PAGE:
/var/tmp. These directories have special permissions allowing anyone to write to them, and attackers use them for privilege escalation.
If an attacker can compromise an application over the Internet, she might gain system access as the user running that application. For example, a compromise of the webserver, which must be exposed to the Internet in order to do its job, might give her access to the www-data user. This user can’t do anything significant on the system, but it does have access to
The attacker can force the webserver to write shell code out to
/tmp and then execute that code to retrieve attack payloads from the Internet and then execute them. These payloads run outside of the scope of the webserver (although only as the webserver user), so they have access to the entire system. The attacker will use these programs to attempt further compromise of the system, working to escalate her privileges to a user with greater access. Each level becomes a step toward the next.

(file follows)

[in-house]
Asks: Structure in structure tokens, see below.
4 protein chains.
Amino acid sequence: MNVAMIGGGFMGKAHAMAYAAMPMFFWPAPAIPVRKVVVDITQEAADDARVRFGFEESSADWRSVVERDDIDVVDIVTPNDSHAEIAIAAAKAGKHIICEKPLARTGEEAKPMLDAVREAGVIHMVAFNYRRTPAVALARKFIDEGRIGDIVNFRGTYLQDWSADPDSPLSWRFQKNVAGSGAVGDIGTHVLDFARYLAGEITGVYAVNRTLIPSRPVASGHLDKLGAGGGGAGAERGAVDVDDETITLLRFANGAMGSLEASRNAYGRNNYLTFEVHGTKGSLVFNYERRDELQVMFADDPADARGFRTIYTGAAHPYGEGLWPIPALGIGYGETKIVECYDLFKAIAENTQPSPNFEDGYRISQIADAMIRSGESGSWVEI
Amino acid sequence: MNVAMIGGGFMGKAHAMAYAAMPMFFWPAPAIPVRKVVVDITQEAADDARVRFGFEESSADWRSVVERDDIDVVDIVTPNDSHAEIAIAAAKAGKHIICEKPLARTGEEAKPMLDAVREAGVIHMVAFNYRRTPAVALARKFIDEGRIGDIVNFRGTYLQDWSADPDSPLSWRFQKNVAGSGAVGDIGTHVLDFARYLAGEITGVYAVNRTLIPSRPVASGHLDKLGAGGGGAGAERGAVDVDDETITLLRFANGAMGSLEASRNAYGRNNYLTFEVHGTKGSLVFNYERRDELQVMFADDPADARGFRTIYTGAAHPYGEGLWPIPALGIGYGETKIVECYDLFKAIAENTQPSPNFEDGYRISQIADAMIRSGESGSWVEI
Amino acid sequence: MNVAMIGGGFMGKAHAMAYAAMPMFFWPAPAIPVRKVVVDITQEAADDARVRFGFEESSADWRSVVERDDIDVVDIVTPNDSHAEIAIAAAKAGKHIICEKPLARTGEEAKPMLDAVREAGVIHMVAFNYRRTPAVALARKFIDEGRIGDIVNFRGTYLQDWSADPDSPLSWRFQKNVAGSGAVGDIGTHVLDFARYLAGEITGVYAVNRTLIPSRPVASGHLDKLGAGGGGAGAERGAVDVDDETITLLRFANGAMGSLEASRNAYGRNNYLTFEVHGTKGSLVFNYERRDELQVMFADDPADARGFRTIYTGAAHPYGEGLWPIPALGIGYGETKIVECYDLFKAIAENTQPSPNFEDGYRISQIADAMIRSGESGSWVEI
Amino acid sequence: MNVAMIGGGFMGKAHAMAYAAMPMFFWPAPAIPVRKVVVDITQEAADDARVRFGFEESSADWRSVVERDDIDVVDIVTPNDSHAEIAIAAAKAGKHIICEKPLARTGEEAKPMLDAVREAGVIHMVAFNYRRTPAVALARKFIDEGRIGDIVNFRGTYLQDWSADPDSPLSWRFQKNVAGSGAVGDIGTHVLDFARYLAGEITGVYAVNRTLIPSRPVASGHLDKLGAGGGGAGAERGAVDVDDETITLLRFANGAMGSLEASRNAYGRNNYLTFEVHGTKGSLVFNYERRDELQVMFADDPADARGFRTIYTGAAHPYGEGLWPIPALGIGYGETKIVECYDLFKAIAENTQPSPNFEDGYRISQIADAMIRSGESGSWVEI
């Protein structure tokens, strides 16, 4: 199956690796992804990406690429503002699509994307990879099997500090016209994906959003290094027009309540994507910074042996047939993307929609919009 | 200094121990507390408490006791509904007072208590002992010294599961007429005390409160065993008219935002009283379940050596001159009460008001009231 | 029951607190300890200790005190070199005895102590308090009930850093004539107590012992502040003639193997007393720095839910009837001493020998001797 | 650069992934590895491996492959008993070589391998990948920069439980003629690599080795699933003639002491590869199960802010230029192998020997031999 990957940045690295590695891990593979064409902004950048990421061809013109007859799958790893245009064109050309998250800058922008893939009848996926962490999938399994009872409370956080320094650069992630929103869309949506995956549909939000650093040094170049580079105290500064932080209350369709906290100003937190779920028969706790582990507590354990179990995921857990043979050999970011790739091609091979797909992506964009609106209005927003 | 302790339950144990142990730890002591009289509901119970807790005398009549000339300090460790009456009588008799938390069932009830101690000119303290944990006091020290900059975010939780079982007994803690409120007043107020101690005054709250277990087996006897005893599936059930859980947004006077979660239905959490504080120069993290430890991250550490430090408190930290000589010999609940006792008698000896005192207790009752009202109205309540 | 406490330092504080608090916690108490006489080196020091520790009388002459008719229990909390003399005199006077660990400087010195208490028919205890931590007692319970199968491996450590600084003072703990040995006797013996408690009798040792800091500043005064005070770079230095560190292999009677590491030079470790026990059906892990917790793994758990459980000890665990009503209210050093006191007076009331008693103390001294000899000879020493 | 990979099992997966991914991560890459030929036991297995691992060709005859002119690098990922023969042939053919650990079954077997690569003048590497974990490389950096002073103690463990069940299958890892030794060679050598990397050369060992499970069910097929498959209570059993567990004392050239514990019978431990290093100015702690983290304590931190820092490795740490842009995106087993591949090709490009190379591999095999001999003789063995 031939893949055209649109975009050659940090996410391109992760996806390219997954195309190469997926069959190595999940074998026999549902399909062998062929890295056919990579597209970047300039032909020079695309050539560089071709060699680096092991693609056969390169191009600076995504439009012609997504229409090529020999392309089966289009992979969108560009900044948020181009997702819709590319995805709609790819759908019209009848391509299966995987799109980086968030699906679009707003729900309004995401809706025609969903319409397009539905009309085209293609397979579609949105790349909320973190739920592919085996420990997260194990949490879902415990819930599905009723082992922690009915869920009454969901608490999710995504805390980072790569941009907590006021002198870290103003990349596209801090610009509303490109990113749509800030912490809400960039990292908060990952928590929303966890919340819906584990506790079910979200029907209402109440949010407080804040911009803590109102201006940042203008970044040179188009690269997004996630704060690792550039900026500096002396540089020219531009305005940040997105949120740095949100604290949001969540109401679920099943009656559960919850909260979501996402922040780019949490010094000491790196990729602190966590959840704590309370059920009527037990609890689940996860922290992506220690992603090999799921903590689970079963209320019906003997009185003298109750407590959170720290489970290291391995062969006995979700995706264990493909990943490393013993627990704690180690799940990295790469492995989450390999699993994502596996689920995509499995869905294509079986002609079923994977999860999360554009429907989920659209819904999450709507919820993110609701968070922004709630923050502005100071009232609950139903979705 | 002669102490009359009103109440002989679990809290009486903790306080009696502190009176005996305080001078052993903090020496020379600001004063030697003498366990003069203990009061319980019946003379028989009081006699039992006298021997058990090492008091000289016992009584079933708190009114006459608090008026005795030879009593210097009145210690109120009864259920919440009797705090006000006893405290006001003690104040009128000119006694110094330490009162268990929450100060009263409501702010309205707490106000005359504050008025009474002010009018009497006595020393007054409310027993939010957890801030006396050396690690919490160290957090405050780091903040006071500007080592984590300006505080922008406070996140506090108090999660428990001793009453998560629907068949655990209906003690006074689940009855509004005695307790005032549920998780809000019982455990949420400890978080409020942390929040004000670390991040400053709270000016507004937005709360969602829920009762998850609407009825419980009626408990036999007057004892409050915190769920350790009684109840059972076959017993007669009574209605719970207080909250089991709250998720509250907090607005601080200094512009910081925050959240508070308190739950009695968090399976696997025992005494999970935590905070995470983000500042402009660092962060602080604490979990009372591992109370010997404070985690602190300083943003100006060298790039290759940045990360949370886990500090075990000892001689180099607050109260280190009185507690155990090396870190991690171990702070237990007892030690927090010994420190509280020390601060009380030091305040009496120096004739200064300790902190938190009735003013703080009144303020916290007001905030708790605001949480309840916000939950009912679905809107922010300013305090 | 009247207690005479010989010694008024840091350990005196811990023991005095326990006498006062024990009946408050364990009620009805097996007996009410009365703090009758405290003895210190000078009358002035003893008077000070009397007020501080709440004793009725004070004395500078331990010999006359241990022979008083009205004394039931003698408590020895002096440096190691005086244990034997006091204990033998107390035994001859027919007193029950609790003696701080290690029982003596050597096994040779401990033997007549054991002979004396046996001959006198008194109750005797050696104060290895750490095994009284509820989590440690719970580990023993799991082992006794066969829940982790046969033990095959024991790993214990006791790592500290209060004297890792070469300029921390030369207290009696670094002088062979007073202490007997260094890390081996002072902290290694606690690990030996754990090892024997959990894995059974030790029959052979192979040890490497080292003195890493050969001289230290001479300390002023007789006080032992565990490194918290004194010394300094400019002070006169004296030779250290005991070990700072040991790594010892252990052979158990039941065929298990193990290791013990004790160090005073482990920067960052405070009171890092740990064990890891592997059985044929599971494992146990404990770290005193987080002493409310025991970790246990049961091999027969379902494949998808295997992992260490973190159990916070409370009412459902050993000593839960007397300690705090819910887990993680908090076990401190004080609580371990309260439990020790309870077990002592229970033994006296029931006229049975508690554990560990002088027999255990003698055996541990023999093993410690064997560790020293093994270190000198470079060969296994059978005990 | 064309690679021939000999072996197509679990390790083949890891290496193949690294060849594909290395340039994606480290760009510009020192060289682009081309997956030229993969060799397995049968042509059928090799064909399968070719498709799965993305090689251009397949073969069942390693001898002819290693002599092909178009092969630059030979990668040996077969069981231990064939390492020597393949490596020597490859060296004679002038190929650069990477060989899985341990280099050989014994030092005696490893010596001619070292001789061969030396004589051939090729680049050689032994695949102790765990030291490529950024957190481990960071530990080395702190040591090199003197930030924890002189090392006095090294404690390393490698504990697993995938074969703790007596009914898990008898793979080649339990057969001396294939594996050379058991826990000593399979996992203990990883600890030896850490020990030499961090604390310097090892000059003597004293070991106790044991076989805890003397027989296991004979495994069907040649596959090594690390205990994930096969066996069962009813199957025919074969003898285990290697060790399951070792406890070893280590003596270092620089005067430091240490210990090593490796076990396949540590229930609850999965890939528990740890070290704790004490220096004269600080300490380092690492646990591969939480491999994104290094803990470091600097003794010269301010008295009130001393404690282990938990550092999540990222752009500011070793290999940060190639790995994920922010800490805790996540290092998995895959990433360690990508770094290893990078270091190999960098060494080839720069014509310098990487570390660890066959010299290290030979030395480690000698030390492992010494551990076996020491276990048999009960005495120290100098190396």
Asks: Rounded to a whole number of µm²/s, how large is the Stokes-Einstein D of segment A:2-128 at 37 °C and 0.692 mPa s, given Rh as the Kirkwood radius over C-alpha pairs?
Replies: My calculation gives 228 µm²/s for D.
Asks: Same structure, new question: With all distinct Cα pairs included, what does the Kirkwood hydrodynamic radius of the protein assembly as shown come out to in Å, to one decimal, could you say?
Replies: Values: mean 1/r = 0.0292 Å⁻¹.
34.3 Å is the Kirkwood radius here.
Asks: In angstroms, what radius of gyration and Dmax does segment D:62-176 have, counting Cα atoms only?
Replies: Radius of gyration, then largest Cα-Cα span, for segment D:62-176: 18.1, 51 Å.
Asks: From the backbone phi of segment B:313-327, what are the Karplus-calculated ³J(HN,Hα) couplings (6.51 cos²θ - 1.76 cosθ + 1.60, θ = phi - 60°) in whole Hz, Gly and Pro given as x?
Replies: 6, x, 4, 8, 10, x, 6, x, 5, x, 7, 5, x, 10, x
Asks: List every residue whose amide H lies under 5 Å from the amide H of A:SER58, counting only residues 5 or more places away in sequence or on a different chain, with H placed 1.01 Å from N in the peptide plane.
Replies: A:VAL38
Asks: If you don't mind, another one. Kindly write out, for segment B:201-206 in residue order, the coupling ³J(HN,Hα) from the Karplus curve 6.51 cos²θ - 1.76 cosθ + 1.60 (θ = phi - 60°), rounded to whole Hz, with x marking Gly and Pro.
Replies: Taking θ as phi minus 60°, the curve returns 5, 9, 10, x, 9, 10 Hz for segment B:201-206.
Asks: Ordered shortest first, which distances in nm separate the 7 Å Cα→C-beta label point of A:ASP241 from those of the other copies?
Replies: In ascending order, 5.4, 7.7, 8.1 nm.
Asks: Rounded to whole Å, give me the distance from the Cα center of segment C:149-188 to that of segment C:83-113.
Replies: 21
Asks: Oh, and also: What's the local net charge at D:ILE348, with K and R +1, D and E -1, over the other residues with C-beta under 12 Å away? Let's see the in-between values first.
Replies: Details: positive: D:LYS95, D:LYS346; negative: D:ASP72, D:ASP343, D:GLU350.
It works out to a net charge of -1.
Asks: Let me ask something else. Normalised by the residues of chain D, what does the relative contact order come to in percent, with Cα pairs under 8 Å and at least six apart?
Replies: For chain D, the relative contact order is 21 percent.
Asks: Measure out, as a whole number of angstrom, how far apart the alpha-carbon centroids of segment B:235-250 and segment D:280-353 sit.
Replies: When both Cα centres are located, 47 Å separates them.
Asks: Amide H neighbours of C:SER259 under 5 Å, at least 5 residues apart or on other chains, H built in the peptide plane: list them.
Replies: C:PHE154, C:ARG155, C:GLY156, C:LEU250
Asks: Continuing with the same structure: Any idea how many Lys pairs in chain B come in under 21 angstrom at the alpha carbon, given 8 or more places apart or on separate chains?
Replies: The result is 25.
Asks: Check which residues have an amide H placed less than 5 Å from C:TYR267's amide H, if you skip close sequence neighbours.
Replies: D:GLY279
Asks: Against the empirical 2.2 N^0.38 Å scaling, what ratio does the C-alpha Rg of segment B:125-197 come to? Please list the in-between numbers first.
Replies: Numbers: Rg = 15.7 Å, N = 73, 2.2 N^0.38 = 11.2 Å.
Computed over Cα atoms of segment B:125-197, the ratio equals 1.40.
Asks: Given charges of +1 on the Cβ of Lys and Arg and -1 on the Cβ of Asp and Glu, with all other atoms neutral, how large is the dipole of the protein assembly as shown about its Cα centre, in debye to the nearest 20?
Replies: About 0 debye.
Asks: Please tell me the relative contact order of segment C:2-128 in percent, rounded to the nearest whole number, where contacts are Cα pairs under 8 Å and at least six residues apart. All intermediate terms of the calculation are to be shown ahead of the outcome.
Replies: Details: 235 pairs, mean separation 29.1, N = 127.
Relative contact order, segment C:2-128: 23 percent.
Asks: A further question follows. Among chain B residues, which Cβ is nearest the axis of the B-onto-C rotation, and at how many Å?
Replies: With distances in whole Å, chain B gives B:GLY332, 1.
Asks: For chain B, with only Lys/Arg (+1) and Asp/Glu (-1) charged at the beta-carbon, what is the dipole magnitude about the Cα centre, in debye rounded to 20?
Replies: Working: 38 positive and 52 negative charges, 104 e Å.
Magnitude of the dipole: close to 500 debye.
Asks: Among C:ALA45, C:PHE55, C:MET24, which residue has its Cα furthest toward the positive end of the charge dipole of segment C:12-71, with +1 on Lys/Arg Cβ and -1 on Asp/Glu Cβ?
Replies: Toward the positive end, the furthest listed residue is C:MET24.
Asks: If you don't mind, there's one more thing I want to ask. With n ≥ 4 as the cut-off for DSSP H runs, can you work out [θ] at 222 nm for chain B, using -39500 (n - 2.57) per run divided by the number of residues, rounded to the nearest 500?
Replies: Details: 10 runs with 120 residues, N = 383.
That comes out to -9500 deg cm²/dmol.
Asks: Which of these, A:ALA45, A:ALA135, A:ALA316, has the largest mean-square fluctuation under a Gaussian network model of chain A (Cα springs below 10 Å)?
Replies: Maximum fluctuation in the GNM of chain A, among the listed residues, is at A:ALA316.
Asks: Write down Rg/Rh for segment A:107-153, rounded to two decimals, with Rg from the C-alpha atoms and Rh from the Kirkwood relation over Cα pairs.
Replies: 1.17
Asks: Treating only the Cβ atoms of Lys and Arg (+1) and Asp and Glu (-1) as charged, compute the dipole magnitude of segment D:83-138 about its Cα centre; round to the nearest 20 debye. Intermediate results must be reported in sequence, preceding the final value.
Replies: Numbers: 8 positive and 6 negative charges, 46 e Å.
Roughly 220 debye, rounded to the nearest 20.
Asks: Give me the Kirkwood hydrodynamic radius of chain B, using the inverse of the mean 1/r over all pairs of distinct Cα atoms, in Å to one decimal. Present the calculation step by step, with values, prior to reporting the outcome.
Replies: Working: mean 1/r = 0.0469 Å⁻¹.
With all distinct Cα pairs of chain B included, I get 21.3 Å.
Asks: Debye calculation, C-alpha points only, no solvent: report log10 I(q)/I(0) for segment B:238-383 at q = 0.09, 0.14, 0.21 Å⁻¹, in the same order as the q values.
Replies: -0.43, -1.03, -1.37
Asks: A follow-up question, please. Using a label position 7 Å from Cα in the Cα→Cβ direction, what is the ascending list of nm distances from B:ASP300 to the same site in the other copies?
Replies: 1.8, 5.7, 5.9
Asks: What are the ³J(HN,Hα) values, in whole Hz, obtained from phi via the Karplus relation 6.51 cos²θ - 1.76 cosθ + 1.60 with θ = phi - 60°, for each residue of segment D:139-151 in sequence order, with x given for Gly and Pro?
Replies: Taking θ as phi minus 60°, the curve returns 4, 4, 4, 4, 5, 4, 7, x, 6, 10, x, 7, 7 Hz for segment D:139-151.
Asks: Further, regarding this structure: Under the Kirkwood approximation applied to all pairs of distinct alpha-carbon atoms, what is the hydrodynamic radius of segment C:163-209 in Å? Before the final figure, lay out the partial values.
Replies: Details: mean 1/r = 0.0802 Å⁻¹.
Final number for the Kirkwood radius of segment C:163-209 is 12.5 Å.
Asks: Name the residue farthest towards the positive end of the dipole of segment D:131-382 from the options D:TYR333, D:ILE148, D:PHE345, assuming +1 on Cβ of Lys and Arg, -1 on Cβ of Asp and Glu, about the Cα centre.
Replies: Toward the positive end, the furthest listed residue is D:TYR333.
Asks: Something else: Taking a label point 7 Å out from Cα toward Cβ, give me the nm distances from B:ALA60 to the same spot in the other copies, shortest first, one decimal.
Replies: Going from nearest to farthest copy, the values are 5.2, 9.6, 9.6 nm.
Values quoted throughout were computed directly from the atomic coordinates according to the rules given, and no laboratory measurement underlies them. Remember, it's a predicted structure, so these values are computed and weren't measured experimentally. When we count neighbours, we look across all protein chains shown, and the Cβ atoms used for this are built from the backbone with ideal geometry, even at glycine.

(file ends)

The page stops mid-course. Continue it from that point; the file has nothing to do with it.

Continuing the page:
A simple way to prevent this is to change
/etc/fstab to mount
/var/tmp as a special type of in-memory filesystem called tmpfs. When re-mounting these directories as tmpfs, you can tell the operating system to prevent execution of files under these locations. This means that even if an attacker compromised the webserver and wrote shell code out to /tmp, she would not be able to execute that code to further compromise the system.
Use SSH keys for access
If you’re running Linux (or any Unix variant), your system is running SSH for remote access. SSH can use passwords for authentication, but this is not as secure as other methods. The easiest and fastest way to secure SSH is to disable password authentication and enable SSH keys.